Neil MacFarquhar, Steven Lee Myers
The New York Times (Analysis)
September 19, 2011 - 12:00am

UNITED NATIONS — The Palestinian president, Mahmoud Abbas, said Monday that he would present an application for Palestine to join the United Nations immediately after he addresses the General Assembly on Friday, as diplomats worked frenetically to try to limit the fallout from the application.

Mr. Abbas told Ban Ki-Moon, the United Nations secretary general, that he was determined to move forward.

“I think it has dawned on everybody that they cannot convince us not to go,” said Hanan Ashrawi, a member of the Palestinian delegation. “Most people are discussing what is next.”

Envoys from the Quartet — the grouping of the United States, Russia, Europe and the United Nations established in 2002 to help guide the Israeli-Palestinian negotiations — were trying to overcome substantial recent differences to present a united draft statement that might lead quickly to direct negotiations between the two parties.

Secretary of State Hillary Rodham Clinton said she was engaged in “extremely intensive ongoing diplomacy” to avert a confrontation by resuming negotiations for a two-state solution, regardless of what happens on Friday.

“We continue to believe and are pressing the point that the only way to a two-state solution, which is what we support and want to see happen, is through negotiations,” said Mrs. Clinton, who met with a series of her counterparts on Monday. “No matter what does or doesn’t happen this week, it will not produce the kind of result that everyone is hoping for.”

The United States has vowed to veto any resolution that is presented to the United Nations Security Council. The barrage of bilateral talks was also linked to the Council, because it remains unclear whether the Palestinians can muster the nine votes on the Security Council needed to assure passage of a resolution. It could also take months before a resolution comes to a vote.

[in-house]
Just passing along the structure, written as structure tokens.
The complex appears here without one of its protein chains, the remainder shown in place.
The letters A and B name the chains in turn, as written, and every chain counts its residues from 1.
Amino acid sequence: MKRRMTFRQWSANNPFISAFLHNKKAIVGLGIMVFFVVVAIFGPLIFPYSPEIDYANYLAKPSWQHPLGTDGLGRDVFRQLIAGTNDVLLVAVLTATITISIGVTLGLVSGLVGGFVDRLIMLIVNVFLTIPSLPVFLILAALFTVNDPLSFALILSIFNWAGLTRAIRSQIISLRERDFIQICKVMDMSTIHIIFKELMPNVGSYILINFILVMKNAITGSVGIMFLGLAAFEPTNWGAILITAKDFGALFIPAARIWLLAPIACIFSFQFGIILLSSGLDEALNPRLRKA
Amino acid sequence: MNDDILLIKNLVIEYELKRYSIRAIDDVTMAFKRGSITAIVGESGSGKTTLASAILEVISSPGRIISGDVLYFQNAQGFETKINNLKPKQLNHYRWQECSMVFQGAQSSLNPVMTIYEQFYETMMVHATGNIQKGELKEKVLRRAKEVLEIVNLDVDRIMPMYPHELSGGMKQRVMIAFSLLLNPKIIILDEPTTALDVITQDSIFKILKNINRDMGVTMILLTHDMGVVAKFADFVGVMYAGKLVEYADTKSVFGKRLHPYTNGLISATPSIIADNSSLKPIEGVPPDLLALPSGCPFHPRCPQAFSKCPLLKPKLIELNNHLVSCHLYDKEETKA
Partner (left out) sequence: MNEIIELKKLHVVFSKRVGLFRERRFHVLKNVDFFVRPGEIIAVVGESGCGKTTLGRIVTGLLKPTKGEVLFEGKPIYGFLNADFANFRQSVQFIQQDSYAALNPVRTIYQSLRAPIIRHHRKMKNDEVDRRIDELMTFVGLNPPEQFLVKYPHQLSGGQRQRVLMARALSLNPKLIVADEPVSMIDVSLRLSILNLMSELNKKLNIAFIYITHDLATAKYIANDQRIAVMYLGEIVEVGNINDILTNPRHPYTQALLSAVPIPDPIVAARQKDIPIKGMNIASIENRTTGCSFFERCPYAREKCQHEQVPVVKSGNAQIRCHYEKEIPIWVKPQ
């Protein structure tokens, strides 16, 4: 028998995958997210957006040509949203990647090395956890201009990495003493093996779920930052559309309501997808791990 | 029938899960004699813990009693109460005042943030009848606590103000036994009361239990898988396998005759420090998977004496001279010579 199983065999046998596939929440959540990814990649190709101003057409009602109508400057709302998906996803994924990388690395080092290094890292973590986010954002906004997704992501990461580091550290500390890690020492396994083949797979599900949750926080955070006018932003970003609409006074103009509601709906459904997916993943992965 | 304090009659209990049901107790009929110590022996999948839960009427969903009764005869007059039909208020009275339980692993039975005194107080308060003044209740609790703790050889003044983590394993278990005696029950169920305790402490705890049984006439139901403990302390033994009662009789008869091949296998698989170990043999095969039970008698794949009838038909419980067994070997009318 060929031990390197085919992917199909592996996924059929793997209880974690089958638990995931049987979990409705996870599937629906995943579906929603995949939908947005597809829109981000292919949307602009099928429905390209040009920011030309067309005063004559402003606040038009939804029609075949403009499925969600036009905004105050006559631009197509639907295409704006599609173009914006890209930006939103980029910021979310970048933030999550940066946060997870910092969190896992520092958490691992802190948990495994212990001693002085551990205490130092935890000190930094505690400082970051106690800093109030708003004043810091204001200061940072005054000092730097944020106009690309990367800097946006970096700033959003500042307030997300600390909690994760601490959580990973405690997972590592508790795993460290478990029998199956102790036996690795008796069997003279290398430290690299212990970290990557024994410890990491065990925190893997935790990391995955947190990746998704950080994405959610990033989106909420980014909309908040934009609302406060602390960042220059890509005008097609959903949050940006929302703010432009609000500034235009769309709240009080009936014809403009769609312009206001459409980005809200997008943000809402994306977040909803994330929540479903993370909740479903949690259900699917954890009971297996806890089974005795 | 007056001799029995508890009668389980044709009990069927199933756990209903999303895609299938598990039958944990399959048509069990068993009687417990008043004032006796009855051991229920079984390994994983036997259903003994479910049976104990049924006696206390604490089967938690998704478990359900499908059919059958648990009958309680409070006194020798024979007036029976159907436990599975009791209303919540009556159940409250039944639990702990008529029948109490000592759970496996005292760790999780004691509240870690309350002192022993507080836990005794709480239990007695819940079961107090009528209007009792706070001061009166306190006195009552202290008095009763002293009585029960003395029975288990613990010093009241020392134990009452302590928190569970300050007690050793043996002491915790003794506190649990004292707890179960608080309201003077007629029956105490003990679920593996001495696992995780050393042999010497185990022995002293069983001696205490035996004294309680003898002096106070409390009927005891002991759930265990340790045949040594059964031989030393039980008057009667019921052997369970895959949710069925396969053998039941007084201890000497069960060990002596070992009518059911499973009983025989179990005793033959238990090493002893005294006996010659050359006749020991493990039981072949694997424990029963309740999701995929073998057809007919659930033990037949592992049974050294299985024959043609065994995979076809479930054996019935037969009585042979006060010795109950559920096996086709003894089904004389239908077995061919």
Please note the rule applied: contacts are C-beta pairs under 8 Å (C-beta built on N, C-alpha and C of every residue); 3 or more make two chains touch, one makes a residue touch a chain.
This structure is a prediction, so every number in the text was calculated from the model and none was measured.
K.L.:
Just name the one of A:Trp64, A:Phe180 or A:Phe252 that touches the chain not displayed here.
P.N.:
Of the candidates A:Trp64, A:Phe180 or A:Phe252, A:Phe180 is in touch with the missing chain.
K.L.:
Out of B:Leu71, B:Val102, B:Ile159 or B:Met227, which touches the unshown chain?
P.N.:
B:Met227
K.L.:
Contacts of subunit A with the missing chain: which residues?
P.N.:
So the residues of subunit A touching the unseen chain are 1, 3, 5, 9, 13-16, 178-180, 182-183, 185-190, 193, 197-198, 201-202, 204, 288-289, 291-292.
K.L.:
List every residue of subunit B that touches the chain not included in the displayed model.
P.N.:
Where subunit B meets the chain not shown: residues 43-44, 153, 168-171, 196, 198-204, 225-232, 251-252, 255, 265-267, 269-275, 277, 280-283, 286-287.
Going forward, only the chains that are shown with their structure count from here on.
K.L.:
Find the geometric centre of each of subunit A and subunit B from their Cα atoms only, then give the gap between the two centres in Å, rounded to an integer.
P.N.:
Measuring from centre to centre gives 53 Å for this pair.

Some diplomats are hoping that if the Quartet can present a statement at the same time that Mr. Abbas submits his application, it might shift the focus to the stalled peace talks. Many are concerned that any momentum toward a Quartet agreement will dissipate once the Palestinians’ application is presented.

The Quartet has been stalled for months over wording on some vital issues, and there was no sign of a breakthrough on Monday. Negotiators hope that fears about a confrontation, especially renewed violence in the occupied territories, might serve to forge a sudden Quartet consensus.

Danny Danon, a Likud member of the Israeli Parliament, said outside the United Nations that if the Palestinians make their application, he would issue a bill to annex all West Bank settlements.

Neither the Palestinians nor the Israelis are directly involved in the Quartet talks, but any agreement by the international community defining the parameters of the negotiations would have to be acceptable to both.

Besides differences within the Quartet, Europe itself has had trouble forging a common approach. When Alain Juppe, the French foreign minister, was asked early Monday what the European strategy was on a Quartet statement, he said Tony Blair, the Quartet’s envoy to the Middle East, and Catherine Ashton, the European Union’s foreign policy chief, had yet to inform him.


American Task Force on Palestine - 1634 Eye St. NW, Suite 725, Washington DC 20006 - Telephone: 202-262-0017